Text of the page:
Drawn by God’s grace

Drawn by God’s grace
Nicholas Applebee
01 December, 2013 4 min read

My father was a volunteer Sapper in 1939 and, by the end of the war, a ‘convinced atheist’. I was born in 1948 and brought up to question what religion had to offer.

I attended a CofE church for a while as a choirboy, where I developed a sarcastic view of the church in that I believed it only existed for old people and those afraid of dying. As I didn’t fit into these categories, church was irrelevant!

Royal Engineers

I left school and worked on several farms, which I enjoyed, before realising that this was not getting me where I hoped to be in the future. At this point I considered HM Forces and applied to join the army.

I passed the Regular Commissions Board and got stuck in to Mons Officer Cadet Training. Apart from church parades, religion did not enter my thoughts, that is, until posting time. At that point, having been accepted by the Royal Engineers, I was warned by a fellow officer cadet that the regiment I was to join had a ‘Bible puncher’ as second-in-command.

I felt sure I could handle that situation — ‘I had met them before!’ — and gave (then) Major (now the late) James Wilson a natural wide berth, but found myself strangely impressed by the Christian life of senior troop commander in the squadron, (then) Captain Richard Sandy.

To my shame now, I not only disregarded almighty God as irrelevant in my life, but took delight in blaspheming his Son’s name to demonstrate my contempt.

This was my condition when the late Admiral Sir Horace Law came as a guest to speak to the regimental officers in the mess. I tried to avoid it, but got caught. The talk he gave, on the Christian life, impressed me. ‘Perhaps there may be something in this after all’, I thought.

Preparing soon after for a tour with my squadron in Northern Ireland, I disregarded any notions of looking into Christianity for the time being, but determined to sort this out when I returned.

Four months or so later, I remembered my pledge. Strangely, during the tour, I was presented with a gift (it was Christmas) by James Wilson, on HMS Belfast, which was being used as the regimental HQ.

Seeking God

On unwrapping it I found myself with my first Bible. He had thoughtfully quoted Joshua 1:8 in it for me. This gift came as a shock, as I understood that only people who were dying had need of a Bible!

Little did I know that, as an unrepentant sinner, I was destined for hell with God holding my very next breath in his hands. However, once back in the garrison, I began my search for God.

I visited the building used as a church, but this proved fruitless to me. My mind was now in an anxious state. Would I ever find what (or who) I was looking for? As has been said by the Puritan Thomas Brooks, ‘The Spirit of God had stirred an hungering, thirsting and longing after the great concerns of eternity’.

My colleague, Richard Sandy, had left for a course, before being posted. It would not have been considered appropriate to call on his wife (I also realised Mrs Sandy was a Christian) with no excuse, to ask about her beliefs.

Within a day or so, the chief clerk surprised me with the request to take a few men round to Mrs Sandy’s flat to seal up her packing cases ready for moving. An unusual request, but one I jumped at. It was this opportunity I was hoping for.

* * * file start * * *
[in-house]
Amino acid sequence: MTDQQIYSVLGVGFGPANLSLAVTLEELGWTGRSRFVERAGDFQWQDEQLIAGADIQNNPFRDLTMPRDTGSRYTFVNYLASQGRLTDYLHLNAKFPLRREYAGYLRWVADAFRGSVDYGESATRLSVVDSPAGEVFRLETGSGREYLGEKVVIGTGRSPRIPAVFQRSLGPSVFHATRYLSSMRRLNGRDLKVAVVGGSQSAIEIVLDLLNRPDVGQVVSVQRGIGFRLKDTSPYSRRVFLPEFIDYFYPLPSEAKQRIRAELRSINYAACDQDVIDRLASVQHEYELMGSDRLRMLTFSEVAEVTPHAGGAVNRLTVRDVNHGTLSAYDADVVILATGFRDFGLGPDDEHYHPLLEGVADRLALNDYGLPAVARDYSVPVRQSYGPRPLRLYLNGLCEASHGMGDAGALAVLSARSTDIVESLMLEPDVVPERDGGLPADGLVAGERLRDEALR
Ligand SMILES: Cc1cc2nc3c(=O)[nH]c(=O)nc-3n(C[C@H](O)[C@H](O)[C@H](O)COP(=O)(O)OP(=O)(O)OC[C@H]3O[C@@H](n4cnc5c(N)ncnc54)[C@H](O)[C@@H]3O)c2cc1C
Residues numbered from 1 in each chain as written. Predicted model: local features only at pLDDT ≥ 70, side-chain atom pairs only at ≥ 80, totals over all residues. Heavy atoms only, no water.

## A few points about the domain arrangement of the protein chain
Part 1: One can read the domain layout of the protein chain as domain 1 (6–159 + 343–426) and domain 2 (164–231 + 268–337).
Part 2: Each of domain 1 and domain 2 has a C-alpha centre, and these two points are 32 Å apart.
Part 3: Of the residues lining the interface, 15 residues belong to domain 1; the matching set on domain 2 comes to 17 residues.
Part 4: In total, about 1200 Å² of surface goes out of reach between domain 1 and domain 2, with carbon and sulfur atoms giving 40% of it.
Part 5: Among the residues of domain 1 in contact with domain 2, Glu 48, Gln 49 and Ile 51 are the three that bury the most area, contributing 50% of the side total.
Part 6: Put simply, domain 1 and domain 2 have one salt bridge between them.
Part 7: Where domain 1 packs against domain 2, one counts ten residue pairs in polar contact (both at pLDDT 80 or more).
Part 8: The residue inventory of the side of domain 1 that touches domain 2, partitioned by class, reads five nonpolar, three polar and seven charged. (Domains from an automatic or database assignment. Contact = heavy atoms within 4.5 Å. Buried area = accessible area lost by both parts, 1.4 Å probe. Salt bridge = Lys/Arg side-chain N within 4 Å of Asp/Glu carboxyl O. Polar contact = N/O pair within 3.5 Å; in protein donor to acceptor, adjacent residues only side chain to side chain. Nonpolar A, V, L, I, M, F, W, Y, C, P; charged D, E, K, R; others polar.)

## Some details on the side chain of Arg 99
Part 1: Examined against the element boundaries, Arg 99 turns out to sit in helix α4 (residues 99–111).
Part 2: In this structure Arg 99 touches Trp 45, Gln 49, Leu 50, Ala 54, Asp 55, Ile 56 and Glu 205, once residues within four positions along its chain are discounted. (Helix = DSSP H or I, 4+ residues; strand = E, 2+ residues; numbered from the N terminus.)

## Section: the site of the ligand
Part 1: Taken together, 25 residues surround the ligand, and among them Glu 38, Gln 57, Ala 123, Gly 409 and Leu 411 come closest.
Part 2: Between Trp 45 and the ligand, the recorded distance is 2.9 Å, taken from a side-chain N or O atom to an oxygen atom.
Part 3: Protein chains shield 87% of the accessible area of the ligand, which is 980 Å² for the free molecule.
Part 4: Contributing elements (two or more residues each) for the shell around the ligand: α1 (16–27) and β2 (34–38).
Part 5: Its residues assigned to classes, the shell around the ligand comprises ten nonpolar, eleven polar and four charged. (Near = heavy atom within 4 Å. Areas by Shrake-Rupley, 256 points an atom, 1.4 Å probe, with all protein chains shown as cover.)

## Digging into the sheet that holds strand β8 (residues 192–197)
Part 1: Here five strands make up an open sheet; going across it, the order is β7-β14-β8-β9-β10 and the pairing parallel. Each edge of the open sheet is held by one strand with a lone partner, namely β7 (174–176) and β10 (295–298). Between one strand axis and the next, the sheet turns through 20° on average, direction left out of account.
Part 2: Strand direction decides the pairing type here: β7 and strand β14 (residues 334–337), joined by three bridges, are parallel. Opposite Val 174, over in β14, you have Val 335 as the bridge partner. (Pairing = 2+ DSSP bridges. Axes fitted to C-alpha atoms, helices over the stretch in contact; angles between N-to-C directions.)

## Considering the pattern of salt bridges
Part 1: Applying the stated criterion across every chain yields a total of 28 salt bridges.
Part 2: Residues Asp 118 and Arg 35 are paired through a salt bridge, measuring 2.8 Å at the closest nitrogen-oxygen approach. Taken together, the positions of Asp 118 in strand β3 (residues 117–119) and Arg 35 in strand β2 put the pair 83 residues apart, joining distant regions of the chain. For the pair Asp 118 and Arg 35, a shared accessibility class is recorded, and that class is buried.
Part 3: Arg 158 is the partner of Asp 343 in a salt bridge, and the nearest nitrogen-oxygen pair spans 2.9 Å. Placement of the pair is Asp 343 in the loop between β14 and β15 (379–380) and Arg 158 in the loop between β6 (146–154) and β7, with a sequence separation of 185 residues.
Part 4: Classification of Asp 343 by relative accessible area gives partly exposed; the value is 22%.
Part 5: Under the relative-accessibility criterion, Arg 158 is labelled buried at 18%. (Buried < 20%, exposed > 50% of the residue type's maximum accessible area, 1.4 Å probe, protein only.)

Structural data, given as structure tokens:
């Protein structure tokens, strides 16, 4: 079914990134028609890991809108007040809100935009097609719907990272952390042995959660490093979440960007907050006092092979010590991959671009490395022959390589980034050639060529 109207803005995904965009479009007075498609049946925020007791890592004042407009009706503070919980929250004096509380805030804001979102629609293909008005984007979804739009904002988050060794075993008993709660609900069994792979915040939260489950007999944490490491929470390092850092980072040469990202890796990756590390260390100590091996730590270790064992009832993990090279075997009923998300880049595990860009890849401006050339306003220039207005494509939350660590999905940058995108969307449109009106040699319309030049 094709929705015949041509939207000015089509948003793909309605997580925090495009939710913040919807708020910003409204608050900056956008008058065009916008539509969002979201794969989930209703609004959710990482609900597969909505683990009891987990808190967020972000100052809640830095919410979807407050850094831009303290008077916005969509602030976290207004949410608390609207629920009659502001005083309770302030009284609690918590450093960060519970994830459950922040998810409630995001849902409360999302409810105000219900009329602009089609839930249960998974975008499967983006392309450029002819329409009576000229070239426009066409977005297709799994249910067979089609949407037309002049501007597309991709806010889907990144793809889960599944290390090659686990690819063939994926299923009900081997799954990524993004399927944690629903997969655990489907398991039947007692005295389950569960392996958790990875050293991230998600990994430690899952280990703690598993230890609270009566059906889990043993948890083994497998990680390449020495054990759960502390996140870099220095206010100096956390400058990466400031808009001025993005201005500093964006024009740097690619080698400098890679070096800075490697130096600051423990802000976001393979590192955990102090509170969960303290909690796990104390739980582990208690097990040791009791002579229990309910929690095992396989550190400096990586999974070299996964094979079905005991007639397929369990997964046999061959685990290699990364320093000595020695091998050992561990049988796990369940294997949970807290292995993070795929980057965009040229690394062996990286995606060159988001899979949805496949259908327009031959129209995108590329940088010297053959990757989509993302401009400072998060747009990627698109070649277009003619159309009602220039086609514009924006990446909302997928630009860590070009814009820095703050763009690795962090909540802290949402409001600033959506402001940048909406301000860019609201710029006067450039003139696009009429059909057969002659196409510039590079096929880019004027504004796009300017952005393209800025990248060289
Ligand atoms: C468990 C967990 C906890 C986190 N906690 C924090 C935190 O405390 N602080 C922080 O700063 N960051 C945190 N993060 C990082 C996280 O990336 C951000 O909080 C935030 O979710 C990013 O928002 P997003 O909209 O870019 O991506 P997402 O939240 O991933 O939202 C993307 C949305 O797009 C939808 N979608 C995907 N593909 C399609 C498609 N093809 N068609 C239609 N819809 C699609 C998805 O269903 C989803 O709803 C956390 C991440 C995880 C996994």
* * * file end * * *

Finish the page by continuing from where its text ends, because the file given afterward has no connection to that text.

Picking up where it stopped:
I was soon able to knock at her front door and ask if she would tell me about this faith she had. She directed me to John 3:16 and also told me that my question was not so dramatic, as a lot of people had been praying for me (another shock!).

She kindly invited me to join a group meeting for Bible study at their home that evening. Such was my desperation to know God, I accepted gratefully.

At the end of the meeting I was asked if I believed or not. At that moment I felt if I said, ‘No’, that would be the finish for me. I said sincerely, ‘Yes’, and that night prayed to the Lord, who I believed would hear my prayer.


Some time after leaving the army I bought a small dairy farm in Pembrokeshire. It is normal practice to take a newborn calf away from its mother at about 36 hours old, before much bonding can take place. From then on, the cow is milked for human consumption.

On one occasion I had two cows calve together. They were particularly calm cows, so I decided to leave their calves running with them until they were ready to go to the local market.

At the end of the three weeks, I took the calves, put them in my covered trailer, milked all the herd, put the cows into the field for grazing (three fields away from the farm) and set off for the market with these two good-looking calves.

When I returned home, three hours or so later, the two cows were back in the yard, calling for their calves they had last seen near the milking parlour. They had returned, desperate to find their calves.

They had crossed four barbed wire fences and were considerably cut about in their quest to find their babies — the bond between cow and calf is immensely strong.

I can identify with the desperation of their search and also am reminded of the power of God in drawing sinners to himself. I believe that an irresistible power draws each of us who come to saving faith in Jesus Christ. For a while after my conversion, I spoke of my decision to turn to Christ, but now have become aware that my personal condition was such that I could never have made this decision for myself.

It could only have been our Heavenly Father drawing me, by the Holy Spirit, to the Lord Jesus that brought me into the way of salvation. To God be all the glory. He saves unworthy people!

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